dc.identifier.chicagocitation Van der Leij, Martina. <i>"A 14C and 15N study of the effects of ammonium or nitrate nutrition on carbon allocation in Triticum aestivum L. and Zea mays L."</i> Thesis., University of Cape Town ,Faculty of Science ,Department of Biological Sciences, 1991. http://hdl.handle.net/11427/18332 en_ZA
dc.identifier.vancouvercitation Van der Leij M. A 14C and 15N study of the effects of ammonium or nitrate nutrition on carbon allocation in Triticum aestivum L. and Zea mays L. [Thesis]. University of Cape Town ,Faculty of Science ,Department of Biological Sciences, 1991 [cited yyyy month dd]. Available from: http://hdl.handle.net/11427/18332 en_ZA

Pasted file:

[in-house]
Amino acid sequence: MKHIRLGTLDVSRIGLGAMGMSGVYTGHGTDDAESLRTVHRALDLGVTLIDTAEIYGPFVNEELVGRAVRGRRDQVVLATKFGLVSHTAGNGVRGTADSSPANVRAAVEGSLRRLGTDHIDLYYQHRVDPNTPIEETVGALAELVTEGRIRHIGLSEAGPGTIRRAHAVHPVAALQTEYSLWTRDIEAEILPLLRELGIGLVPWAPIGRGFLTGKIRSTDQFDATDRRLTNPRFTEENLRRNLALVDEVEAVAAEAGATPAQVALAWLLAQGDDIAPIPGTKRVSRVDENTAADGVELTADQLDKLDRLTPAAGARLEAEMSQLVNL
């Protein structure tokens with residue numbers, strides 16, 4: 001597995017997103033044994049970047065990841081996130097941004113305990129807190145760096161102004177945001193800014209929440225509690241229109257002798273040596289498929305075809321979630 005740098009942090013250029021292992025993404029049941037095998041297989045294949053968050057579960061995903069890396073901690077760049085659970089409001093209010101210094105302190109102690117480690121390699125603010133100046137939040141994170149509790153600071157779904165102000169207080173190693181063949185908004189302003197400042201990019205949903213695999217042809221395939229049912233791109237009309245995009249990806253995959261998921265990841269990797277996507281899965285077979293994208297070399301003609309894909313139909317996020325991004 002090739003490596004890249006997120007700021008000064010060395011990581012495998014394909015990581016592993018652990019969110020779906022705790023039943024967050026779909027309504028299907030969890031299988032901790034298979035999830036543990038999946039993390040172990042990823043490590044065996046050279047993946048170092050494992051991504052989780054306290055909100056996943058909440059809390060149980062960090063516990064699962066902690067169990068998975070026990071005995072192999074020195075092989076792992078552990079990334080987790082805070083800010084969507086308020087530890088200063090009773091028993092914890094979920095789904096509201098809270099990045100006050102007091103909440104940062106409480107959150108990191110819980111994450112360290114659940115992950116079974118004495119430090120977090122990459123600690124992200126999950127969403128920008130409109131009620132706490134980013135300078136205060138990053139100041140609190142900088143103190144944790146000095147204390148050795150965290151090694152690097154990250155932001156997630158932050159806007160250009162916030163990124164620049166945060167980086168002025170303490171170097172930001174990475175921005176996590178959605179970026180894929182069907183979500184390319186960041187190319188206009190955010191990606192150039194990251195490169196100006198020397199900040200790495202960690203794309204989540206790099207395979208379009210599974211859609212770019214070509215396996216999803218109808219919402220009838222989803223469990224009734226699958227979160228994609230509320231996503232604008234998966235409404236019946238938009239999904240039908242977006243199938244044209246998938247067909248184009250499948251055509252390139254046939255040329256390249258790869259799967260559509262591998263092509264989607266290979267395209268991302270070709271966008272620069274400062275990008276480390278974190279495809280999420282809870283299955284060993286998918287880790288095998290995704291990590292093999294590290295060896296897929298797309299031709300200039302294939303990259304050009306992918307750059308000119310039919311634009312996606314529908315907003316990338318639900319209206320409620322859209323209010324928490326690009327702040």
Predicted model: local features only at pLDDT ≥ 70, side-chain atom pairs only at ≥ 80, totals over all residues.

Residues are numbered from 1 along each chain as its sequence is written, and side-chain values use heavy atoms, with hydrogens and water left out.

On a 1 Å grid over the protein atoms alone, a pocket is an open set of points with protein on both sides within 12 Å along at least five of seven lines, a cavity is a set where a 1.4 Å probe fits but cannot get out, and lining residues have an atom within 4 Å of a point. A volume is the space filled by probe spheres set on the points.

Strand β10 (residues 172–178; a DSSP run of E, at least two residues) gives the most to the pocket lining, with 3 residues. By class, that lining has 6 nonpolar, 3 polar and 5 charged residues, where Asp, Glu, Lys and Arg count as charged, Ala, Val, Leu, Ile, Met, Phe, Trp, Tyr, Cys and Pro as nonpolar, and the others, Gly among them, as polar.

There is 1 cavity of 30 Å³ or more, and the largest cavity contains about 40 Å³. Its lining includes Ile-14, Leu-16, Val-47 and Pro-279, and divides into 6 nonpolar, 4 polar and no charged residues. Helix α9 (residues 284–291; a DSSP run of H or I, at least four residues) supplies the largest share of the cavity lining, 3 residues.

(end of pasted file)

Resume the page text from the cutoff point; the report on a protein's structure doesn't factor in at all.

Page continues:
dc.identifier.ris TY - Thesis / Dissertation AU - Van der Leij, Martina AB - The poor response of some plant species, e.g. wheat, to ammonium nutrition has been attributed to a diversion of carbon allocation from structural material for root extension to functions associated with the assimilation and translocation of ammonium in the root. The aim of this research was to investigate carbon allocation in response to ammonium or nitrate nutrition in wheat, an ammonium intolerant species, and maize, which exhibits ammonium tolerance. Experiments were carried out at 4mM and 12mM nitrogen feeding levels in sand and hydroponic culture respectively. pH of growth media was maintained at 6.0 to 6.5. Measurements made included shoot : root ratios, photosynthetic and root respiratory rates, plant water content, xylem sap analysis, and ¹⁴C and ¹⁵N allocation to soluble and bound nitrogen compounds, and soluble, storage and structural carbohydrates. Stunted root growth occurred in ammonium-fed wheat, which was exacerbated by increasing the NH4 concentration. No difference in growth response was evident between ammonium- and nitrate-fed maize. Photosynthetic rates of ammonium- and nitrate-fed plants within both species were similar but maize showed a 3-fold higher photosynthetic rate than wheat. Root respiration of ammonium- and nitrate-fed wheat was similar, while nitrate-fed maize appeared to have a higher root respiratory rate than ammonium-fed maize. Xylem sap analysis showed that for both species, ammonium-fed plants translocated more amino compounds and more carbon to the shoots than nitrate-fed plants, although maize appeared to have a more rapid translocation-rate than wheat. ¹⁴C allocation to nitrogenous compounds in roots of ammonium-fed plants was greater than that in nitrate-fed counterparts for both species. In wheat this increase appeared to be accommodated by a larger initial diversion of ¹⁴C to the root. In maize, reserve carbon in the root appeared to accommodate this increase. A reduction in ¹⁴C allocation to structural material in ammonium-fed plants compared to nitrate-fed counterparts was not evident in either species. ¹⁵N tracing in maize showed that significantly more nitrogen was taken up by ammonium-fed plants in comparison to nitrate-fed plants. The difference in total N between plants fed ammonium or nitrate was, however, not nearly as pronounced, suggesting that ammonium may be cycled out of the plant again. The response of wheat and maize to ammonium or nitrate nutrition is discussed independently, and suggestions for further research are made. DA - 1991 DB - OpenUCT DP - University of Cape Town LK - https://open.uct.ac.za PB - University of Cape Town PY - 1991 T1 - A 14C and 15N study of the effects of ammonium or nitrate nutrition on carbon allocation in Triticum aestivum L. and Zea mays L TI - A 14C and 15N study of the effects of ammonium or nitrate nutrition on carbon allocation in Triticum aestivum L. and Zea mays L UR - http://hdl.handle.net/11427/18332 ER - en_ZA